Kicking Bad Habits With Wearable Tech

Kicking Bad Habits With Wearable Tech

We know wearable tech can help get you in shape, come to your aid when you’re in foreign lands, and help you manage your daily life – but can it help you give up bad habits? Pavlok, the makers of a $250 wearable device that is slated for launch in early 2015, think it can.

The founder of the company, Maneesh Sethi, came across the idea for the device when studying how humans behave and form habits in an attempt to boost his own productivity. He had already gained online notoriety for famously hiring a woman to slap him every time he mindlessly opened Facebook whilst working, and Pavlok became his newest project.

Although the firm hasn’t revealed exactly how the device works, it is known that the device will give its wearer an electric shock if they don’t reach their fitness goals or hit their work deadlines. Their website claims that “Using psychologically proven and user tested algorithms, the Pavlok wristband enforces users’ commitments to fitness, productivity, and more — even if that means ‘sparking’ their commitment by delivering a mild (but jolting) electric shock”.

Sethi himself is equally enthusiastic. His research established that negative reinforcement ‘gets you started’, while positive reinforcement keeps the habit going. “It’s not about the shock as much as it is about training your brain to do the things you say you’re going to do” he said. “Negative reinforcement really does make people pay attention”.

It’s not just designed to help people form new habits, however. The device is also expected to include an alarm, which will permit the user one press of the snooze button before administering a shock on subsequent snoozes. Other programmable features will include the ability to shock if a user opens too many tabs on their web browser or fails to meditate for a pre-prescribed amount of time.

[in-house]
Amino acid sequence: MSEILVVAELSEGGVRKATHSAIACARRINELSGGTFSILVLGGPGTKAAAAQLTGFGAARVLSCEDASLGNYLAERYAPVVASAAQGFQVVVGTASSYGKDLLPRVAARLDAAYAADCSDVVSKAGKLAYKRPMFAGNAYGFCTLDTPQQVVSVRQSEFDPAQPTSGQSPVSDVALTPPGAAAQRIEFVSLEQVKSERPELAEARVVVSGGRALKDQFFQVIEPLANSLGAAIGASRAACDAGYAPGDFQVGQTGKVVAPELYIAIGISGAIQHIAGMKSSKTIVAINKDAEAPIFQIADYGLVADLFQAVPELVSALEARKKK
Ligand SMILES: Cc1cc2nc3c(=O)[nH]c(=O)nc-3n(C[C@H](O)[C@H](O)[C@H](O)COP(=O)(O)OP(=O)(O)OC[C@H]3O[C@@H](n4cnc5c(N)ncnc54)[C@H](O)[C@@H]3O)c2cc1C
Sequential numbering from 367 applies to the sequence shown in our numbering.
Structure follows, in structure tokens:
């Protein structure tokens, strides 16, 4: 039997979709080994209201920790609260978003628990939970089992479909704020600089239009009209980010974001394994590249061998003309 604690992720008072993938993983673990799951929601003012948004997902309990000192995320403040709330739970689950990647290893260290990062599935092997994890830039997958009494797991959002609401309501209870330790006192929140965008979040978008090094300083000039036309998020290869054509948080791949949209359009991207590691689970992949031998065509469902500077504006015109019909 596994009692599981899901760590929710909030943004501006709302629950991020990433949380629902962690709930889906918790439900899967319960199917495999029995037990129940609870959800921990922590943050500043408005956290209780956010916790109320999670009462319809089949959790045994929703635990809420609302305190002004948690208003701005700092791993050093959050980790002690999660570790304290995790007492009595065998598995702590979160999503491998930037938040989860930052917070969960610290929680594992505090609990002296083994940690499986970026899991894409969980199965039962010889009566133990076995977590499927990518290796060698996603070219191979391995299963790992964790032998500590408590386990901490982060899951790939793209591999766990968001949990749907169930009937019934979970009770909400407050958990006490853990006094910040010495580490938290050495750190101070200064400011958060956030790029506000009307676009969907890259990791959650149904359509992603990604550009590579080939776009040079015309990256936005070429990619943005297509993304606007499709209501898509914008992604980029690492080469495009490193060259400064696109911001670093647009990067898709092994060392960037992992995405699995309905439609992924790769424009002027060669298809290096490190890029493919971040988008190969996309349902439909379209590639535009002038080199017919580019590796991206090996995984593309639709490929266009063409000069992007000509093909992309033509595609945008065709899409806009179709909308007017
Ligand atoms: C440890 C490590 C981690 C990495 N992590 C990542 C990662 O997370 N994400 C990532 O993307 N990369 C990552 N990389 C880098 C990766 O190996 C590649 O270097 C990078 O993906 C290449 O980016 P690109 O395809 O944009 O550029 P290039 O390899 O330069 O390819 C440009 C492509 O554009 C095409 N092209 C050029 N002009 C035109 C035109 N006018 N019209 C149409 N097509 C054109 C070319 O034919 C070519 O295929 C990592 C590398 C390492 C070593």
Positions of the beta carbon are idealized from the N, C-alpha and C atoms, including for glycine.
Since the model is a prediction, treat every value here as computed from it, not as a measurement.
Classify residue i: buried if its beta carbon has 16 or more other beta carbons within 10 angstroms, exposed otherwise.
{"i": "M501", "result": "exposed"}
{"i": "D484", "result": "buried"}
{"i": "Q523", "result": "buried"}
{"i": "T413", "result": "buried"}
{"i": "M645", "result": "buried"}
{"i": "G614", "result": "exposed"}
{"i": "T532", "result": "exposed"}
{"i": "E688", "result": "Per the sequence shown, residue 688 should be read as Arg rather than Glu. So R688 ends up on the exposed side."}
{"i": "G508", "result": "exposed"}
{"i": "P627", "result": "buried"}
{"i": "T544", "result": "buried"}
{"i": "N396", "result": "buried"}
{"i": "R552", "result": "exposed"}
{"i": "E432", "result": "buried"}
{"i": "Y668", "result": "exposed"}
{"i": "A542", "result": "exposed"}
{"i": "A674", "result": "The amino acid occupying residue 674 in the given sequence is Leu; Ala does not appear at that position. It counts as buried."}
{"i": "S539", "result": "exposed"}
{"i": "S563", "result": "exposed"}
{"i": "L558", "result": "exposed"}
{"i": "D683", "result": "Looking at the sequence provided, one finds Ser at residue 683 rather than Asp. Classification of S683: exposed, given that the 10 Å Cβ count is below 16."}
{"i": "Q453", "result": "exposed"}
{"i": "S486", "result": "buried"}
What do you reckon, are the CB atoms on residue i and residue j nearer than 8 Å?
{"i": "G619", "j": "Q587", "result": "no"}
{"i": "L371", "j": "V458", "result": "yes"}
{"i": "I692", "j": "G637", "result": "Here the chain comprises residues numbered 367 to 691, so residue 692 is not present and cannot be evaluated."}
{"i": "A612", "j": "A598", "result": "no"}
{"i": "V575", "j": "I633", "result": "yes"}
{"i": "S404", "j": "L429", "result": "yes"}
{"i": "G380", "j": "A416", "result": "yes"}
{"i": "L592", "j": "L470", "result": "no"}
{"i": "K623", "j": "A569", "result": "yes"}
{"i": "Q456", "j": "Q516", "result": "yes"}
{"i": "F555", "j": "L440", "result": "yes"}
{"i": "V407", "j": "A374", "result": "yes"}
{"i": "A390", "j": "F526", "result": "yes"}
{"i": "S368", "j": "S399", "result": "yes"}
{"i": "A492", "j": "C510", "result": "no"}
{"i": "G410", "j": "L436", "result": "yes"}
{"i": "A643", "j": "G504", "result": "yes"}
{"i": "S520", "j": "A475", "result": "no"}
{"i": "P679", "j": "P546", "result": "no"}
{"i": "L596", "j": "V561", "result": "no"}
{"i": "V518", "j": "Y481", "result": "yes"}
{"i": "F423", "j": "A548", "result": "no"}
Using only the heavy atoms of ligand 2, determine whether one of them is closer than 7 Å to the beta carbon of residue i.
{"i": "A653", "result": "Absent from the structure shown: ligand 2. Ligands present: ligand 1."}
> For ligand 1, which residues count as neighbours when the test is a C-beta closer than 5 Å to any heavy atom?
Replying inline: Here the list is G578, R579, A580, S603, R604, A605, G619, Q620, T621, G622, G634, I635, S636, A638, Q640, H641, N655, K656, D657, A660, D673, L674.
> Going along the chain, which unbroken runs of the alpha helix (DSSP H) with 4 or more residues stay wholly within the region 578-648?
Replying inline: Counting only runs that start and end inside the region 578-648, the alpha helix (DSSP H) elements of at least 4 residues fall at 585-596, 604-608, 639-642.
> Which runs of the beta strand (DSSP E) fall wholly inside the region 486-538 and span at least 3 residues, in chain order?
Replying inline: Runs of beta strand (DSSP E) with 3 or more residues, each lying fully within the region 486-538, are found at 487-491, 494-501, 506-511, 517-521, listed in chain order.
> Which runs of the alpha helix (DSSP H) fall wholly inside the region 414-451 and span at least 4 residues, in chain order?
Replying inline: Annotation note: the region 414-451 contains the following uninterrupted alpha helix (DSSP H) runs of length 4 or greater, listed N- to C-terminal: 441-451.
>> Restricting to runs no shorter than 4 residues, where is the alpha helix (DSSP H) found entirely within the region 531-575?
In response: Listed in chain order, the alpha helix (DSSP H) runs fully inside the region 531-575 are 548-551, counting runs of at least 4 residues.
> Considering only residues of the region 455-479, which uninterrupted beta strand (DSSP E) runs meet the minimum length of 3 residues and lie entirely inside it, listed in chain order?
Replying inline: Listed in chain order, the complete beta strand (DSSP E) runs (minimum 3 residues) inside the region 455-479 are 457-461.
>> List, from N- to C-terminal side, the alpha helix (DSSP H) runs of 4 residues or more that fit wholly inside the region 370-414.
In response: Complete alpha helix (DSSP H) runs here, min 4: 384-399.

As is the way with most wearable devices, the Pavlok also includes a social feature. Sethi hopes that teaming up with friends, colleagues and fellow gym-goers will force users to become more accountable to someone else, something he found to be a key motivator during the research phase of development. The feature means that if a user doesn’t complete their daily quota of fitness routines and other activities, their friend will be able to issue a shock remotely.

Of course, the device has critics. Dr. Sheri Jacobson, Clinical Director of Harley Therapy in London, said “Negative reinforcement has been shown to create desired behaviour, but research has proven, at least with children, that positive reinforcement mostly works better”, though the most frequent criticism aimed at the Pavlok so far has been that there is nothing to stop a particularly demotivated user simply removing the band and ignoring the shocks.

The device will have a launch price of approximately $250, and the company has so far received $100,000 in investments via crowdfunding campaigns.

By Daniel Price

Fahim Kahn

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